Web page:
Northwestern University and Evanston's Only Daily News Source Since 1881

The Daily Northwestern

Northwestern University and Evanston's Only Daily News Source Since 1881

The Daily Northwestern

Northwestern University and Evanston's Only Daily News Source Since 1881

The Daily Northwestern


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Reel Thoughts: ‘Saturday Night Live’ marks its decline with boring season premiere

The+separation+in+entertainment+value+between+%E2%80%9CWeekend+Update%E2%80%9D+and+the+rest+of+the+show+made+me+question+whether+watching+the+entire+90+minutes+was+worth+my+time.+
Illustration by Shveta Shah
The separation in entertainment value between “Weekend Update” and the rest of the show made me question whether watching the entire 90 minutes was worth my time.

“Saturday Night Live” used to be one of my favorite parts of the week. 

I relished the opportunity to watch every crazy, confusing and concerning moment of the past seven days in sketch form. Does a U.S. Supreme Court decision terrify me? Does a popular song annoy me? Do I feel like the fly on Mike Pence’s head needs more airtime? Yes, yes and definitely yes.

More than any other program, “SNL” has always been clever and comprehensive enough to satisfy my cultural cravings. After six months without an episode due to the Writers Guild of America strike, I couldn’t wait for the show’s return. But this week’s Season 49 premiere, hosted by Pete Davidson, left me feeling pessimistic about the show’s future. 

Over the past few seasons, “SNL” sketches have increasingly looked like an empty regurgitation of the week’s events, with actors reenacting several political snafus or dragging one mildly relatable concept into a three-minute snoozefest. 

This week’s episode epitomized that trend, with five sketches relying on one running joke instead of an actual plot or witty commentary. One featured an imaginary actor answering internet questions about having diarrhea on an airplane, and the next was four long minutes of a ’50s secretary flirting with her boss.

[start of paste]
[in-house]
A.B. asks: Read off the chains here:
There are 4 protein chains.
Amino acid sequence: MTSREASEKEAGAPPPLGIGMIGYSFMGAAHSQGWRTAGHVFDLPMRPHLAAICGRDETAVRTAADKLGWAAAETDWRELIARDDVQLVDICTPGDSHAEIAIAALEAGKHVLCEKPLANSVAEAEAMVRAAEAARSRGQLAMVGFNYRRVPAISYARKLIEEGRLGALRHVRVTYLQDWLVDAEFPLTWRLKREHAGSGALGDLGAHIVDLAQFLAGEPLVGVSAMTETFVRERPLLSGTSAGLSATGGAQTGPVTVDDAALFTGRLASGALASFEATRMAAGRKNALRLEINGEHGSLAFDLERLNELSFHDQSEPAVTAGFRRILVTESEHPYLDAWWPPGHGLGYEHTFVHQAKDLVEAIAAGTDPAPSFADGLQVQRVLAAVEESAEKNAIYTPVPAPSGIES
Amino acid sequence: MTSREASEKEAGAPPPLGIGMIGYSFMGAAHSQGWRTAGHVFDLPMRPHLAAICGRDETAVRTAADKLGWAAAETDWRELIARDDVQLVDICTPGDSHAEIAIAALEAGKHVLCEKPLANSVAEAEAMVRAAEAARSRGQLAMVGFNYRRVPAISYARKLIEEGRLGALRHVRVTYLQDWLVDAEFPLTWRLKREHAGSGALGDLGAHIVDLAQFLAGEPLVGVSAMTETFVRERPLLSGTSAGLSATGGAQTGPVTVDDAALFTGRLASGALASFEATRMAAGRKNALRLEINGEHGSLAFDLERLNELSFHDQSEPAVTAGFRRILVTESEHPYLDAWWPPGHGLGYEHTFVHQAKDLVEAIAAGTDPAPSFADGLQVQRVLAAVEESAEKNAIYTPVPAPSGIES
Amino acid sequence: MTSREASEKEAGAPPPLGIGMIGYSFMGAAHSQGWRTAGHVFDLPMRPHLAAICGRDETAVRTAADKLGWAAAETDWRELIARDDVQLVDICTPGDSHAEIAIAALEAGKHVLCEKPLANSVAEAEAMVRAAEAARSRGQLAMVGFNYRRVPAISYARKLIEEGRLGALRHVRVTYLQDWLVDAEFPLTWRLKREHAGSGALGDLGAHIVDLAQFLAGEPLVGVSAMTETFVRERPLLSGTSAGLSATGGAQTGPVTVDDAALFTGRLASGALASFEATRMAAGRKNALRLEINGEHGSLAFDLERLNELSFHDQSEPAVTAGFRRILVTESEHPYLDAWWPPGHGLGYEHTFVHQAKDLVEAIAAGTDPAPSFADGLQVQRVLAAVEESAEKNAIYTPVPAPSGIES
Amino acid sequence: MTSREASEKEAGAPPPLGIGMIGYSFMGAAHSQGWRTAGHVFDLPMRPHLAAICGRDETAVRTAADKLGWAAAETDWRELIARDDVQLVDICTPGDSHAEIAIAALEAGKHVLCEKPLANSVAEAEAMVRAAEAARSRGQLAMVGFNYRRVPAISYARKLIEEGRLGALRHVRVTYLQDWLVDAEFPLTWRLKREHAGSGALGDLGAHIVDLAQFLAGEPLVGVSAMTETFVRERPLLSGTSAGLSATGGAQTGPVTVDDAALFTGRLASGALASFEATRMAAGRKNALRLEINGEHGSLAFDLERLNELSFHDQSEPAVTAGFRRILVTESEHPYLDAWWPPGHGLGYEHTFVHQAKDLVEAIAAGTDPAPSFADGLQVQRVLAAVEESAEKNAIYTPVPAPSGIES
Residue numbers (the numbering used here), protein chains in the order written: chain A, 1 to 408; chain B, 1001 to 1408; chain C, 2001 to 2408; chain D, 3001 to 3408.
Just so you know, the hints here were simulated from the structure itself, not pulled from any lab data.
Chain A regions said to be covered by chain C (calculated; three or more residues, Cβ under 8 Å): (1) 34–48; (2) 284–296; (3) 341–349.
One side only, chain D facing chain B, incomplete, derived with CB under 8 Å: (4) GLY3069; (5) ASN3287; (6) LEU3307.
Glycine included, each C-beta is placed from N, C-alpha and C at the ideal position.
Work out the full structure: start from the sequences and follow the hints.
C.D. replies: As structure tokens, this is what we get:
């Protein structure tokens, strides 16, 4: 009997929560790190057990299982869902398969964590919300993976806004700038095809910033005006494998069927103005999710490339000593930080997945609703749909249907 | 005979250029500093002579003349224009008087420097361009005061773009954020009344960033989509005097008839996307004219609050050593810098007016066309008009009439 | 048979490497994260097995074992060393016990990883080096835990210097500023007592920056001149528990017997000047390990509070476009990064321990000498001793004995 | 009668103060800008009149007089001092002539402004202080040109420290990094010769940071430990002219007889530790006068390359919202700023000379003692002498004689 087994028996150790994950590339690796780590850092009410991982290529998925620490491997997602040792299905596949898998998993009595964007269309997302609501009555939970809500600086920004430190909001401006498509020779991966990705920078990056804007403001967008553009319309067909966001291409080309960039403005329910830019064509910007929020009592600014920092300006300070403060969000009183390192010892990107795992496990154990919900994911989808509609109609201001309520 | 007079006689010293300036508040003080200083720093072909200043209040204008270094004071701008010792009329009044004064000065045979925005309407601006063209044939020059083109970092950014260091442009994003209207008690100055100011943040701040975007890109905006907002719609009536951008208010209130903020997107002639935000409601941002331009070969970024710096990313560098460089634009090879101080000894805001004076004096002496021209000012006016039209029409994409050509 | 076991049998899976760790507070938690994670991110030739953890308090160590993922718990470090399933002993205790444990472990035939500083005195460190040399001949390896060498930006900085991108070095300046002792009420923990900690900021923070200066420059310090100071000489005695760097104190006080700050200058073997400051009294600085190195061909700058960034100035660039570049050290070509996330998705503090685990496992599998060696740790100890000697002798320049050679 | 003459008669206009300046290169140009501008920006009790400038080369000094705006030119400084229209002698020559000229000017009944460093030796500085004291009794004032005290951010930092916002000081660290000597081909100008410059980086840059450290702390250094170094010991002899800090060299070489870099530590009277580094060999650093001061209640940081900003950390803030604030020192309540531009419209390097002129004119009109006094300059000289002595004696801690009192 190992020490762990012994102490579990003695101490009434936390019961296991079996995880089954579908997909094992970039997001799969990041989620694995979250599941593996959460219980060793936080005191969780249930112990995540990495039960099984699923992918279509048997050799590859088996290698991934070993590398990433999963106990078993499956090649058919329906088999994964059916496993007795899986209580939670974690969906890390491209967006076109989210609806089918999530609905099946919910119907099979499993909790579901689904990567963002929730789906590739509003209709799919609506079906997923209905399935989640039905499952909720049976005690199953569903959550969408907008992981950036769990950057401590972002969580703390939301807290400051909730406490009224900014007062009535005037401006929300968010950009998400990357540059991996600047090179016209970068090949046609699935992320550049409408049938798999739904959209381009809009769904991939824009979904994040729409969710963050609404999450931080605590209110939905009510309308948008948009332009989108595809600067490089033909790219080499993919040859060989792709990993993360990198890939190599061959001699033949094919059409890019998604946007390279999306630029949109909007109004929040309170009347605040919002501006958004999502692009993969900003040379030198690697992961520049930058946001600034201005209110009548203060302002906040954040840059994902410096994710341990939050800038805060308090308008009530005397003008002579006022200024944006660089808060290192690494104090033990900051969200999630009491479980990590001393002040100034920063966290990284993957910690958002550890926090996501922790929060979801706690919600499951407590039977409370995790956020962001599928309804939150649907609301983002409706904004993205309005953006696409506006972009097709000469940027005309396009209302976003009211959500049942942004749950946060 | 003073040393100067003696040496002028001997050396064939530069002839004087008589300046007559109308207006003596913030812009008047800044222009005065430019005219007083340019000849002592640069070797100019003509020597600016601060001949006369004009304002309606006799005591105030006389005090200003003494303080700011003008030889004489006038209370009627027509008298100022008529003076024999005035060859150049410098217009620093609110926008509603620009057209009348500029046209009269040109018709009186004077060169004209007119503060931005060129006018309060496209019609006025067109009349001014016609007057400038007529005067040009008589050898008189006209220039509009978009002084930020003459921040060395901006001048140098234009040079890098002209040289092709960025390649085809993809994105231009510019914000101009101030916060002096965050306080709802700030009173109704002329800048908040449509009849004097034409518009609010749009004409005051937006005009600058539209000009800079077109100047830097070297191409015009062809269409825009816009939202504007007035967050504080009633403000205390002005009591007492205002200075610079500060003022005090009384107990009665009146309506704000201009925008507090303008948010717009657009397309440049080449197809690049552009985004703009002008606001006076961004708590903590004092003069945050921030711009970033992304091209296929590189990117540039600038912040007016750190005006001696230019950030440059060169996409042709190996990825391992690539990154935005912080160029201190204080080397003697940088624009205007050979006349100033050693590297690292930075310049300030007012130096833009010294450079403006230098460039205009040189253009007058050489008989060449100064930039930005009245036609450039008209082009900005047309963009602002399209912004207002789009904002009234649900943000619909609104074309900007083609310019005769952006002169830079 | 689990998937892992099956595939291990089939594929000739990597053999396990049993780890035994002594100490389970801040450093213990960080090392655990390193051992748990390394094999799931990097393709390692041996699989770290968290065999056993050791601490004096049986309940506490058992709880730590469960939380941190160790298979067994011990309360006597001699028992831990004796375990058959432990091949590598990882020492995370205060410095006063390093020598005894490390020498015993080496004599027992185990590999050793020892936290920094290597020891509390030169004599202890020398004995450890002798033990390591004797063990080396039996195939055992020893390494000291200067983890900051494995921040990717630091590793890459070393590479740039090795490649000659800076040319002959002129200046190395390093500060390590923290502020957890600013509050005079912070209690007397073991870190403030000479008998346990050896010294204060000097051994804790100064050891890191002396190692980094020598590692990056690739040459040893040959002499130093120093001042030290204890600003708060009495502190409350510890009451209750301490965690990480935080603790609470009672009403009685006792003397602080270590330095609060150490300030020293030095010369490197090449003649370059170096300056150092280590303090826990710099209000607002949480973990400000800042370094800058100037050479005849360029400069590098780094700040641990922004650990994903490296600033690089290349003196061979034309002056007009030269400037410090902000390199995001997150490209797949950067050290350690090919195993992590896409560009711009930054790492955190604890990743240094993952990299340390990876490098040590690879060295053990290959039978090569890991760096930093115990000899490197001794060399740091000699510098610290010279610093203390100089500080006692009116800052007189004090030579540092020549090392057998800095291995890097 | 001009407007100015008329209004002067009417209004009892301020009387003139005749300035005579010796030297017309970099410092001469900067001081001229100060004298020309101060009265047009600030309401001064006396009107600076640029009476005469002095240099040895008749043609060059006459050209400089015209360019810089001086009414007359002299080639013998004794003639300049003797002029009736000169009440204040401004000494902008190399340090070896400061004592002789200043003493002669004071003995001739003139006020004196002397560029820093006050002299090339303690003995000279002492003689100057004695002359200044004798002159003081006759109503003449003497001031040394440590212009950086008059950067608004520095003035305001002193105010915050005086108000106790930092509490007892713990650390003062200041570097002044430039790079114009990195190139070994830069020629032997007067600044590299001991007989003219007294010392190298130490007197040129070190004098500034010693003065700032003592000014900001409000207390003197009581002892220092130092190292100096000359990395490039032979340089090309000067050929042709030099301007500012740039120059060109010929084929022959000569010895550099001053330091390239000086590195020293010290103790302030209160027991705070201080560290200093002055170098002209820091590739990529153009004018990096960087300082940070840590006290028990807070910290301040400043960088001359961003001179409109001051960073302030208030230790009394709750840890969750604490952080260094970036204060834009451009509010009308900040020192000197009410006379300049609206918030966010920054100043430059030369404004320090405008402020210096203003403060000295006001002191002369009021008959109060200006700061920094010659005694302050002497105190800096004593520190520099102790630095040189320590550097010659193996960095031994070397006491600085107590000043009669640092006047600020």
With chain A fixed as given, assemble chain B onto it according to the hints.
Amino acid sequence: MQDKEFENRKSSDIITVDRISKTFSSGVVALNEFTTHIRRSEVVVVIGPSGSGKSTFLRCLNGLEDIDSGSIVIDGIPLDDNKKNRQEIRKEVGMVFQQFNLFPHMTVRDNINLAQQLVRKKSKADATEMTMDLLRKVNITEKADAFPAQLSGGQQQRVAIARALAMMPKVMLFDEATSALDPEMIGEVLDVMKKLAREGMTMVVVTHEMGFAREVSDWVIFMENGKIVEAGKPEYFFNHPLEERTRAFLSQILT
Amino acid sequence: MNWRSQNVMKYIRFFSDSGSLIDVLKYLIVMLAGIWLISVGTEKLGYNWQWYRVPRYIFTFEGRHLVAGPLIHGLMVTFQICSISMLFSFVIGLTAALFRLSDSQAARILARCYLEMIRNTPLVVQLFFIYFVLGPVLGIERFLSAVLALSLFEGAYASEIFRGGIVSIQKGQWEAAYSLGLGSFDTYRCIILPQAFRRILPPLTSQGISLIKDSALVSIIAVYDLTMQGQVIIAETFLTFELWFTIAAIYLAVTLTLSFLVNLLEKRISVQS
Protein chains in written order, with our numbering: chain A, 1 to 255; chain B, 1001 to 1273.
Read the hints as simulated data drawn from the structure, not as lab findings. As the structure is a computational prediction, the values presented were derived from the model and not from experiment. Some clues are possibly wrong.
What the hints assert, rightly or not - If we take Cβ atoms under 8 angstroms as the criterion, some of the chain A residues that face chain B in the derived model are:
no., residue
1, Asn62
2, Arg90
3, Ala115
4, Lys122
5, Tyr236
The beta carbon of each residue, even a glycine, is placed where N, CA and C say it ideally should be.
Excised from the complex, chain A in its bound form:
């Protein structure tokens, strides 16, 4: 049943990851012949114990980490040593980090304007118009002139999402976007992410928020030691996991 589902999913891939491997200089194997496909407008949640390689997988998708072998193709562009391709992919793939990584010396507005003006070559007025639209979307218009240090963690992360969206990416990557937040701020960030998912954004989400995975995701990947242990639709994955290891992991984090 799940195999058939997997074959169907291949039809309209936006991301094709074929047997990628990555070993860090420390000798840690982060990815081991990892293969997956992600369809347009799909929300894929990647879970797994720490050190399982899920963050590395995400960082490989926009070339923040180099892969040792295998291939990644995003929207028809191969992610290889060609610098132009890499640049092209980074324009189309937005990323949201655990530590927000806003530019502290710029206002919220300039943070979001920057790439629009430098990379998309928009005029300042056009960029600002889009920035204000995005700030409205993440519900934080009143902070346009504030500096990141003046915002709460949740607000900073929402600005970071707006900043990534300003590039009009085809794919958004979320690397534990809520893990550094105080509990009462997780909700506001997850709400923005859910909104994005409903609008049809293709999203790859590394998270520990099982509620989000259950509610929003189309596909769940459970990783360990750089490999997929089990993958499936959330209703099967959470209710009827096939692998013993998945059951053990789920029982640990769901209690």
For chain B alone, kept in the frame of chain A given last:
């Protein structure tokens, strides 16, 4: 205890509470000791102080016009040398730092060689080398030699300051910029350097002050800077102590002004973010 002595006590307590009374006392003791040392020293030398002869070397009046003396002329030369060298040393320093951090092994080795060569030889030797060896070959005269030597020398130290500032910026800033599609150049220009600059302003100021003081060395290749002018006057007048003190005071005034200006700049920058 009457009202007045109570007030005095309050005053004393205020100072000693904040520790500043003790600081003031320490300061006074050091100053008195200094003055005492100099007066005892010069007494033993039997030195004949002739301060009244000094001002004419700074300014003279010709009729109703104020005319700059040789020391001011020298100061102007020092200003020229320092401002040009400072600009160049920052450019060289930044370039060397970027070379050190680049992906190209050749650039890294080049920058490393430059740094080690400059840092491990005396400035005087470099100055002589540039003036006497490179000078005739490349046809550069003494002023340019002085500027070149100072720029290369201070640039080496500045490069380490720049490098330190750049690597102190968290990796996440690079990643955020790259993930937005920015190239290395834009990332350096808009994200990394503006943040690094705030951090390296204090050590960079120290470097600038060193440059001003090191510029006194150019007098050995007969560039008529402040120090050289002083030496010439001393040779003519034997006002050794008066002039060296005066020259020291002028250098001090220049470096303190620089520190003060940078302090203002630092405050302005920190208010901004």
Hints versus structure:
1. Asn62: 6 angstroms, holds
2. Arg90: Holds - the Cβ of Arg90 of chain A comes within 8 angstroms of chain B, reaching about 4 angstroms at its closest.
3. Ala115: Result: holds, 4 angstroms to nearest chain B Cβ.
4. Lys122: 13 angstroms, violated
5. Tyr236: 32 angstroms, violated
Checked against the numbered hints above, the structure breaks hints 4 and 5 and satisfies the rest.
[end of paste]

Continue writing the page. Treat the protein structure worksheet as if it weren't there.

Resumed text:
Later in the episode, a man gets buried in the sand and wants a picture (wow!), and “Glamgina,” a new line of makeup for vaginas, stunned an OB-GYN played by Davidson. The show’s last sketch also fit into the recurring pattern of gross, absurdist mediocrity, centering on a group of The Cheesecake Factory workers who quit their jobs to sell feet pics.

As the season premiere dragged on, I felt exactly like Davidson’s character in the “Glamgina” sketch, reeling in confusion and disgust — and only continuing to look because it was my job. 

To its credit, the show had a few great moments, namely a perfect “Weekend Update” segment that might go down as one of my favorites of all time. Colin Jost and Michael Che took a scary political week and made fun of exactly the right things, and Kenan Thompson’s impression of University of Colorado Boulder head football coach Deion Sanders was one of his best. 

In any other week, this excellent showing from Jost, Che and Thompson would have been more than enough to save the episode. But this Saturday, the separation in entertainment value between “Weekend Update” and the rest of the show made me question whether watching the entire 90 minutes was worth my time.  

Perhaps that’s because the jokes and impressions featured in “Weekend Update” represent what I want all of “SNL” to be. They have depth and personality that feel completely lost in the sketches, whose writers conflate absurdity and discomfort with clever humor. 

The product is an episode that’s deeply unsatisfying and only funny in its moments that go viral on Instagram — a far cry from the late-night institution that once seemed like the perfect way to end an eventful week. 

Email: [email protected]

Twitter: @claireconner_

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